Case number: OIC-132707-C6T6J6
28 March 2023
In a request dated 29 September 2022, the applicant sought access to the following: a table or record of all expenditure under the Special Secretarial Allowance scheme (SSA) from 1 October 2021 to the date of the request and a record of how was much was paid overall through the SSA during that time period. In a decision dated 27 October 2022, the Service part-granted the request. It provided the total amount paid under the SSA. It granted partial access to four records, releasing details of payments to companies for services provided to members under the SSA, but withheld certain information under section 37(1) of the Act.
On 1 November 2022, the applicant sought an internal review of the Service’s decision. In his correspondence, he accepted that the names of those persons providing services under the Temporary Vouched Allowance scheme are exempt from release, but argued that other payments made under the scheme are not, namely "contracting services in respect of expenses arising from the purchase of certain secretarial assistance, public relations, information technology (but not web related) and training services”. I understand that the SSA affords Members a capped sum which they can apply to certain types of expense in support of the performance of their duties and one manner in which this can be deployed is to retain an employee, known as a Temporary Vouched Employee (TVE) in place of the staff provided under the Secretarial Facilities Regulations.
In its internal review decision dated 23 November 2022, the Service said it had excluded from the review details of the names of persons providing services under the TVE Scheme in line with the applicant’s comments in his application for internal review. It varied its original decision and released a limited amount of additional information contained in one record. It continued to rely on section 37(1) in respect of the remaining withheld information. On 29 November 2022, the applicant applied to this Office for a review of the Service’s decision.
I have now completed my review in accordance with section 22(2) of the FOI Act. In carrying out my review, I have had regard to the applicant’s comments in his application for review and to the submissions made by the Service in support of its decision. I have also examined the records at issue. I have decided to conclude this review by way of a formal, binding decision.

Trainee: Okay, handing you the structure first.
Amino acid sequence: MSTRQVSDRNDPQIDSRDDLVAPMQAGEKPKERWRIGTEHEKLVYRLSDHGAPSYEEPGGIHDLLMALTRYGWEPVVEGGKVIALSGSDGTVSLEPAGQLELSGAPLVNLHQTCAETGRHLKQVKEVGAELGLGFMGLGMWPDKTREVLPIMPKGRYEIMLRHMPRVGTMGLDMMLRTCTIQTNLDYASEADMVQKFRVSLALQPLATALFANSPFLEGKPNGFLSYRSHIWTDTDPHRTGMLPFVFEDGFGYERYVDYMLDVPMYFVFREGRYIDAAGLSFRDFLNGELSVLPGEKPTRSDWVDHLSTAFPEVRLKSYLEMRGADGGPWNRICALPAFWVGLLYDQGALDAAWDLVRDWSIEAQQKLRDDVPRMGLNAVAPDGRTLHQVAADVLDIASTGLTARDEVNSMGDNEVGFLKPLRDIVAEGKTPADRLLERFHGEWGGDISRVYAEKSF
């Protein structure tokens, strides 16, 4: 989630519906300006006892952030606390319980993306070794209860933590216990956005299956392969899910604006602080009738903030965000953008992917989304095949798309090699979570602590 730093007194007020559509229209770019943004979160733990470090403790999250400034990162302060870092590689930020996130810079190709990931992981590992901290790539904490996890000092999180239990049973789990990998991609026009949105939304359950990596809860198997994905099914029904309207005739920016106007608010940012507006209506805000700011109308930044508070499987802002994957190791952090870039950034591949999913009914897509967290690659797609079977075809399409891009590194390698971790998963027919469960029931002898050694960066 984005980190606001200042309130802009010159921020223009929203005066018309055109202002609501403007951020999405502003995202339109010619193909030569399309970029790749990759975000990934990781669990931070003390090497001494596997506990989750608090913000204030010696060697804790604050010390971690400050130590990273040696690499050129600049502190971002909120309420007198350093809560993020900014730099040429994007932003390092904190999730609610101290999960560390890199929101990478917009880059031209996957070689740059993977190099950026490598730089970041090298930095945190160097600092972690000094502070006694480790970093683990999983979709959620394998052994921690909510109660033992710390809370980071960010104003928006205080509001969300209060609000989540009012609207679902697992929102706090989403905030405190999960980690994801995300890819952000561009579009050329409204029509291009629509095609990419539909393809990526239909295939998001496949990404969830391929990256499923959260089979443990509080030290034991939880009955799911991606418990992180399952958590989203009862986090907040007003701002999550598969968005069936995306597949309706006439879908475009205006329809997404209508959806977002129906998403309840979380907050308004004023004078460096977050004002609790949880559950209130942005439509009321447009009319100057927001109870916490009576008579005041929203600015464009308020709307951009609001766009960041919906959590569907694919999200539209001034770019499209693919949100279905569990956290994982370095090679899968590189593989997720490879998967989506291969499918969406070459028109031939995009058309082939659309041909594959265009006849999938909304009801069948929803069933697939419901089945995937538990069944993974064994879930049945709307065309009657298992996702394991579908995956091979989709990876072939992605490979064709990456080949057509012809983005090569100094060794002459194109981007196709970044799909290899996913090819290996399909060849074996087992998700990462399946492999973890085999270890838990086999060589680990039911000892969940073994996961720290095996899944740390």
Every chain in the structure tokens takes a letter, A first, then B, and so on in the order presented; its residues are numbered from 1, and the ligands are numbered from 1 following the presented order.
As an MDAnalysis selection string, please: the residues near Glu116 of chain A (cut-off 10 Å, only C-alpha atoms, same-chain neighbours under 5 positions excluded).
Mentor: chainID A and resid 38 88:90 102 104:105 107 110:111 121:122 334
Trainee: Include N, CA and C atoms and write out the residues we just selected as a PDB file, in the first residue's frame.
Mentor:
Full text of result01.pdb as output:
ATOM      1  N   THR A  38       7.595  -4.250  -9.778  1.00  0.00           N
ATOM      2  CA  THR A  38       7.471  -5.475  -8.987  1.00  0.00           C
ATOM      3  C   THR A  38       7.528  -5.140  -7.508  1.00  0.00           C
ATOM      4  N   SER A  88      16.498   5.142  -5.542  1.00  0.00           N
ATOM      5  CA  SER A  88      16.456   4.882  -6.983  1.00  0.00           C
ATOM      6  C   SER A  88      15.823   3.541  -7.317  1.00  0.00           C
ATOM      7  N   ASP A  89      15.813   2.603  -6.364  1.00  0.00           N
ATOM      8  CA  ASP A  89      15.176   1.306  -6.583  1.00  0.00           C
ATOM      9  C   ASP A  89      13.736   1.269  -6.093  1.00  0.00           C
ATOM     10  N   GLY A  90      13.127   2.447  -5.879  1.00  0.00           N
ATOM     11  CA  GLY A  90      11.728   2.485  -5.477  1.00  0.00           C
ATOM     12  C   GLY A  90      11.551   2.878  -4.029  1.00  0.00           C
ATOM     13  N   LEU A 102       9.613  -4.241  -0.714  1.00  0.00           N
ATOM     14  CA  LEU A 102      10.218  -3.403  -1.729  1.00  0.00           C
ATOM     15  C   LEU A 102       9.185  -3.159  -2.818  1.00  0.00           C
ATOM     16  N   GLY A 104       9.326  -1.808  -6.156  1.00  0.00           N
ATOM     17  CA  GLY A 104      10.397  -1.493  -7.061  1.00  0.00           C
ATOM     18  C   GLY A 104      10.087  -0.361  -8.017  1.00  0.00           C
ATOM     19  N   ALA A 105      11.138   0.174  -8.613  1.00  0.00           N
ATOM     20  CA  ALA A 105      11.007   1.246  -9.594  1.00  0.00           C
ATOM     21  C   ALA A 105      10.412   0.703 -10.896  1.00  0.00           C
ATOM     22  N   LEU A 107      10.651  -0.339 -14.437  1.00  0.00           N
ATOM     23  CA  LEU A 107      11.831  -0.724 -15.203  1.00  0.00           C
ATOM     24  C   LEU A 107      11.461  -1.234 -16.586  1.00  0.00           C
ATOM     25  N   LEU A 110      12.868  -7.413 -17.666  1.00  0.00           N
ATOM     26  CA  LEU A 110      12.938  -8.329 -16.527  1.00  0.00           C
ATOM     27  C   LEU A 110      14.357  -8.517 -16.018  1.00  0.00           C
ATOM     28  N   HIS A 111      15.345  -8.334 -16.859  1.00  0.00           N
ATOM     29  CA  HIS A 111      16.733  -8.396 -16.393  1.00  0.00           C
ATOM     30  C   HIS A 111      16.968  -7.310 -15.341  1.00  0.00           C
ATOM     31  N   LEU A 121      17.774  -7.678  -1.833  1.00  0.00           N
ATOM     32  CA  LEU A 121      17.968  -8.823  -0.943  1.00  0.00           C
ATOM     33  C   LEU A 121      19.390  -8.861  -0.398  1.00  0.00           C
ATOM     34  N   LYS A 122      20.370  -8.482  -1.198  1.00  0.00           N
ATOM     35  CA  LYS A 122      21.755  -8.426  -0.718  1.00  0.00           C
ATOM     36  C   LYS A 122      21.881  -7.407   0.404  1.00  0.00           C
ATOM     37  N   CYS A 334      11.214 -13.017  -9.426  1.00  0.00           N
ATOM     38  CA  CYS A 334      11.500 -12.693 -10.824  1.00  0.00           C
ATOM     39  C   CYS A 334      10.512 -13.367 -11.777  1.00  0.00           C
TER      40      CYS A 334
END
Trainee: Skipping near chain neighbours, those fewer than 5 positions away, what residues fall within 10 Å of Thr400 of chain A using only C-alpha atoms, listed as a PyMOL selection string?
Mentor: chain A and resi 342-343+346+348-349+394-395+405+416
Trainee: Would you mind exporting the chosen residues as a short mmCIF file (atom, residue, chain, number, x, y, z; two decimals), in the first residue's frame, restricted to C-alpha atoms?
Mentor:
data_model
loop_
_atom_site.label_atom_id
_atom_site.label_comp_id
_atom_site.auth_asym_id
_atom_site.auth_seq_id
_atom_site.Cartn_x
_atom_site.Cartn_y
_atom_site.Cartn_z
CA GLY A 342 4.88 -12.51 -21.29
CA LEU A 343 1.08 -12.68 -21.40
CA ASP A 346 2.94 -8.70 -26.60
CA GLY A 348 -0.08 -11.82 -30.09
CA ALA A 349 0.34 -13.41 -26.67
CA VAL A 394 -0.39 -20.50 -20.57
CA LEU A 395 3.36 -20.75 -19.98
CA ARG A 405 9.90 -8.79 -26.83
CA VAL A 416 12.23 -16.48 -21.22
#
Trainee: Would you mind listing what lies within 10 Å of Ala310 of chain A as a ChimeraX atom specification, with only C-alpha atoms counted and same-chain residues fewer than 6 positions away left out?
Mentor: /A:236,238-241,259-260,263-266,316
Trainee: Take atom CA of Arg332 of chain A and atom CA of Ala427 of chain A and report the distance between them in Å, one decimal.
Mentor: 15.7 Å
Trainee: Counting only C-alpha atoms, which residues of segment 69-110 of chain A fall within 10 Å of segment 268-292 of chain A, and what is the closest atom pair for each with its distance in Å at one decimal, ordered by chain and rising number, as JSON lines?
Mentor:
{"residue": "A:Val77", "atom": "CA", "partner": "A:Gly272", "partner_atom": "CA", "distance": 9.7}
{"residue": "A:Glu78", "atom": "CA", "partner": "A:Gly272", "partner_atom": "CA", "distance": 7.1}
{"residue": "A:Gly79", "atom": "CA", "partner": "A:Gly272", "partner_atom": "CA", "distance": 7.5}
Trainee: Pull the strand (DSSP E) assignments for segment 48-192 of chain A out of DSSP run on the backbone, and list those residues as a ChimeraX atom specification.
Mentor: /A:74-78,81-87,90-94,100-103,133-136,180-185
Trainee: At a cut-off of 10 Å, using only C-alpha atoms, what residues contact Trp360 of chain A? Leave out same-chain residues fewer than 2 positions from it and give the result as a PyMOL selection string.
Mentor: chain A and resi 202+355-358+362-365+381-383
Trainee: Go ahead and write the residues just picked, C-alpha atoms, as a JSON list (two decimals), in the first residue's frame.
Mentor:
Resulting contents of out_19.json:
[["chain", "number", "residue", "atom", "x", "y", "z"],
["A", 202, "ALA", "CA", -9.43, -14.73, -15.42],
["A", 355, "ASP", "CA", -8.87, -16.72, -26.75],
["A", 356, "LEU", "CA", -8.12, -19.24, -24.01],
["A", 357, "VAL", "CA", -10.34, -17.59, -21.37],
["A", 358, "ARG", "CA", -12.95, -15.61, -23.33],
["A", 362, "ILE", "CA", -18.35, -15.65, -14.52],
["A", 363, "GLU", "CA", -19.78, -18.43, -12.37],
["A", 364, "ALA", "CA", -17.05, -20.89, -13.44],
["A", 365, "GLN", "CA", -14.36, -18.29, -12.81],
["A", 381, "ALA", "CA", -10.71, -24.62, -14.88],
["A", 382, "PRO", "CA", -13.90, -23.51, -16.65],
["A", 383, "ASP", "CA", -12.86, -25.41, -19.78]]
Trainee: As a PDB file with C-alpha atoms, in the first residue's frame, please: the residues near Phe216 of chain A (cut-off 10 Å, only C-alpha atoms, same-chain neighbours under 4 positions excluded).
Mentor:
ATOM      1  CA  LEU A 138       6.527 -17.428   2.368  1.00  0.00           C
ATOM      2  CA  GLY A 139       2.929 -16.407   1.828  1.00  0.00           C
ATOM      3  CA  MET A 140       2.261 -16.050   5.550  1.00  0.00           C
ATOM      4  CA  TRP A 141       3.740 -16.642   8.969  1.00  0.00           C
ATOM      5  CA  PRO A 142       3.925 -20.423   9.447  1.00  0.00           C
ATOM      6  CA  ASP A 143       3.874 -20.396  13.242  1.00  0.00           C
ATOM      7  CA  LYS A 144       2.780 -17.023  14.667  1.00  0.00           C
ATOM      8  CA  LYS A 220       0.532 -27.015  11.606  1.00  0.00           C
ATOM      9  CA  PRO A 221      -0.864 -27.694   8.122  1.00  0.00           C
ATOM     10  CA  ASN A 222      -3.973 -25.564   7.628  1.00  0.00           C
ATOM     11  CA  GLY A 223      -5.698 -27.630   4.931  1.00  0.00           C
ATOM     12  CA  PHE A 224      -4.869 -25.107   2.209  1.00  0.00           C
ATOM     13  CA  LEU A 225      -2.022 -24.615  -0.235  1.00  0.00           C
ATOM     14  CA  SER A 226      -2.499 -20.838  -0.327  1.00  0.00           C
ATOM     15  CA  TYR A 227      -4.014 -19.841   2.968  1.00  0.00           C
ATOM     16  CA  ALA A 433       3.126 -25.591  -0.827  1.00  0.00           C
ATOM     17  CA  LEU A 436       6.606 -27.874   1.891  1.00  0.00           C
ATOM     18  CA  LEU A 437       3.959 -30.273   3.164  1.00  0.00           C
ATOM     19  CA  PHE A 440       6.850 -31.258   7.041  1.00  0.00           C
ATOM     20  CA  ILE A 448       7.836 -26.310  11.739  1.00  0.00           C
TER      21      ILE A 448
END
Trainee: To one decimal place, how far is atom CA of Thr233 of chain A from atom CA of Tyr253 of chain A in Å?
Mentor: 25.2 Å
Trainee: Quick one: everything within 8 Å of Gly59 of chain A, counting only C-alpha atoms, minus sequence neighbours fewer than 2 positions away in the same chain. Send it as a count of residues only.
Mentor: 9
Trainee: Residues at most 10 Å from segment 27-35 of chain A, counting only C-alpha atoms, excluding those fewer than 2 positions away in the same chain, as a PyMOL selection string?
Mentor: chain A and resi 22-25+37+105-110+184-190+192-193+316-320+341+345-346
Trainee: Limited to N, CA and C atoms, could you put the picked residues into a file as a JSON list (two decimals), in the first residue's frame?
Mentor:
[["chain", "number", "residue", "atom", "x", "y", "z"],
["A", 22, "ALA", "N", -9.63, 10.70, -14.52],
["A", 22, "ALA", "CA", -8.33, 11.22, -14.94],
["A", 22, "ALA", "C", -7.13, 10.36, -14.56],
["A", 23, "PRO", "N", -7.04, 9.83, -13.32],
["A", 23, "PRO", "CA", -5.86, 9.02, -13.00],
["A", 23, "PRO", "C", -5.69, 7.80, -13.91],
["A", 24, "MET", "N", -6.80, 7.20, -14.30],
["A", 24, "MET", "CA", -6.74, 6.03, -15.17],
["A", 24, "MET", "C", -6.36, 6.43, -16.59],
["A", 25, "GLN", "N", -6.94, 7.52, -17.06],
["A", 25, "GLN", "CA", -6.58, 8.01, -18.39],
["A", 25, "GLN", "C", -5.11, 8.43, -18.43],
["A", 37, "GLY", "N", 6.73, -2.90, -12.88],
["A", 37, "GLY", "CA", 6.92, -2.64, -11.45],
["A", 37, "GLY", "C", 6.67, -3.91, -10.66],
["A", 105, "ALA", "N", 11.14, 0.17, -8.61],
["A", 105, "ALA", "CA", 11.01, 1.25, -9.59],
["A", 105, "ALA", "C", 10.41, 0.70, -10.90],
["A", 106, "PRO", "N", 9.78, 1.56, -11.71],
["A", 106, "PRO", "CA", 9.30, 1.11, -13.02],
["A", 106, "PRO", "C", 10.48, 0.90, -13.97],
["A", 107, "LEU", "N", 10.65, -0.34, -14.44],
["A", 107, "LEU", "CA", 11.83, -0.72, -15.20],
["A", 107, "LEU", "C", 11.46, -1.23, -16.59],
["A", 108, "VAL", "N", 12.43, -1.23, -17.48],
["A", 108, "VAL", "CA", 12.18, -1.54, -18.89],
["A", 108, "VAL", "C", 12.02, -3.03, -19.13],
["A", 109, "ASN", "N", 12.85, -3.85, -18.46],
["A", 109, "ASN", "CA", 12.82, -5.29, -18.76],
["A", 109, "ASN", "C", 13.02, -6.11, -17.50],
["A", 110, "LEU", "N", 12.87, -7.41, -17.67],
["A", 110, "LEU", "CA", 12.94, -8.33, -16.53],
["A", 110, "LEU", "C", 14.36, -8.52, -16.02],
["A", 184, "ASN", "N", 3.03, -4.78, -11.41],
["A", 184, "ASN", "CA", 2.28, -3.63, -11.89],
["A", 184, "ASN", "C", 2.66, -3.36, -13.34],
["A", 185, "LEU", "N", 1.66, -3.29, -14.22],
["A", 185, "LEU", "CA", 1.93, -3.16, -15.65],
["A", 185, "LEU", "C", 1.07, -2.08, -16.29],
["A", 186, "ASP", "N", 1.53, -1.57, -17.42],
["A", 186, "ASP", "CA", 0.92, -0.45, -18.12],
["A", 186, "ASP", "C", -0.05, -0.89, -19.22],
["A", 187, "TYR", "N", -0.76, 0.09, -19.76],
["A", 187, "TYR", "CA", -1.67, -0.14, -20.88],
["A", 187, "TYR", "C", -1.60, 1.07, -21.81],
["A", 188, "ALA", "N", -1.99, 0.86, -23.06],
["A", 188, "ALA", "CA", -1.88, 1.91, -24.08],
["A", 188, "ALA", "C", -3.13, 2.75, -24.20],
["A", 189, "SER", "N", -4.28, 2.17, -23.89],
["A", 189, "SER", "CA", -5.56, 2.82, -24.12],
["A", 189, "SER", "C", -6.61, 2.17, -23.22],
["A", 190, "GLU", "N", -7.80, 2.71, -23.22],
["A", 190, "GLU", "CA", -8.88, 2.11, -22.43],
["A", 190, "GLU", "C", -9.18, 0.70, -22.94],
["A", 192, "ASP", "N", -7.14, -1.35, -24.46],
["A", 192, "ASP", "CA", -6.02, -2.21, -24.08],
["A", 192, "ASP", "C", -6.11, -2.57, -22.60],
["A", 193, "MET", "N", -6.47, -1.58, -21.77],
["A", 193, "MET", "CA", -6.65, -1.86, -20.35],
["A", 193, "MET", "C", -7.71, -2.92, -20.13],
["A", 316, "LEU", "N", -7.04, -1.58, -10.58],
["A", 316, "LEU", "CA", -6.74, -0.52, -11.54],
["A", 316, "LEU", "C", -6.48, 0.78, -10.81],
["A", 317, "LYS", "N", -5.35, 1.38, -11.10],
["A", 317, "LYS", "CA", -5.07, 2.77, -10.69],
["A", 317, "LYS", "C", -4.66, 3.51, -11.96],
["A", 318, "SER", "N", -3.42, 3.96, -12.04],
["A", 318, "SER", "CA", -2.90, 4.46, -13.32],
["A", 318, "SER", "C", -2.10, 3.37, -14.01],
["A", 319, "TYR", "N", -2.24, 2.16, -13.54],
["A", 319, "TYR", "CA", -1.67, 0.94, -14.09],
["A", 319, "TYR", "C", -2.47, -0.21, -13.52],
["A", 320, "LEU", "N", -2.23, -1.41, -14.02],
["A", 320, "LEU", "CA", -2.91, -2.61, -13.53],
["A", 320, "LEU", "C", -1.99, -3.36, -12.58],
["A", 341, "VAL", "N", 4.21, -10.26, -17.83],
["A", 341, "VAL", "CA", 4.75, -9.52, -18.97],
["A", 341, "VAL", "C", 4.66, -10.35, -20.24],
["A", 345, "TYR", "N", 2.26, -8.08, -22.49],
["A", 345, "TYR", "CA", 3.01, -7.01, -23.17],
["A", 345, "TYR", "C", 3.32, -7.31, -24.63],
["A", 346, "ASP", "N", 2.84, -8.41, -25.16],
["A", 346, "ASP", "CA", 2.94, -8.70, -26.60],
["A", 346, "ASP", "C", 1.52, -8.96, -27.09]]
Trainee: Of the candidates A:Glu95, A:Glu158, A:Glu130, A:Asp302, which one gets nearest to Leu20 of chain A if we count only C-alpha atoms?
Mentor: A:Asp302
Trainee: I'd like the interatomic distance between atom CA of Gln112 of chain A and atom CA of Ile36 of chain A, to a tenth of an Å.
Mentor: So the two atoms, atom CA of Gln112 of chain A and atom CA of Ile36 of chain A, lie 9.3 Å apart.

As noted above, the names of persons providing services under the TVE Scheme were excluded from the scope of the internal review as the applicant accepted that such information was exempt from disclosure. That information is therefore outside the scope of this review. In addition, as the Service has provided the requested information in respect of the total amount paid under the SSA scheme, I will not consider that matter further.
In relation to the remaining information, the Service released details of payments made in respect of various identified TDs and Senators but redacted the names of the individuals to whom the payments were made. Accordingly, this review is concerned solely with whether the Service was justified in refusing access, under section 37 of the Act, to the names of those individuals to whom payments were made under the SSA.
In its submissions to this Office, the Service explained that the Special Secretarial Allowance is established under section 2(2A) of the Oireachtas (Allowances to Members) Act 1962 as inserted by s. 16 of the Oireachtas (Allowances to Members) and Ministerial, Parliamentary, Judicial and Court Offices (Amendment) Act 1998 and regulated by Statutory Instruments made under that subsection. It provided this Office with a copy of the Guidance issued to Members. That guidance provides as follows:
“… the purpose of the Secretarial Allowance is to assist towards expenses arising from the purchase of certain secretarial assistance, public relations, information technology (but not web related) and training services from a person employed under a contract of service or the purchase of such services under a contract of service including any applicable tax and social insurance costs. The allowance may also be used for remuneration of persons providing secretarial services (i.e. Temporary Vouched Employees or TVE). Purchase of equipment or expenses for which the Public Representation Allowance is intended, are not allowable under the Secretarial Allowance scheme.
The Member is the Employer or the Contractor of the service subject to the terms and conditions for the scheme funded by the Houses of the Oireachtas. In respect of monies due, the Houses of the Oireachtas Service is the paying agent to the employee or the service provider as applicable on behalf of the Member. All payments are made directly to the employee/service provider…
Contracting services are the responsibility of the Member as the contractor. The Member must ensure that the service has been received and complies with the statutory requirements”
Section 37 – personal information
Section 37(1) of the FOI Act provides for the mandatory refusal of a request where access to the records sought would involve the disclosure of personal information relating to individuals other than the requester.
The information at issue in this case comprises the names of individuals to whom payments were made under the SSA for contracting services provided to named TDs and Senators. As I have outlined above, the actual payments made have already been released, as have the names of service providers where they were readily identified as corporate entities.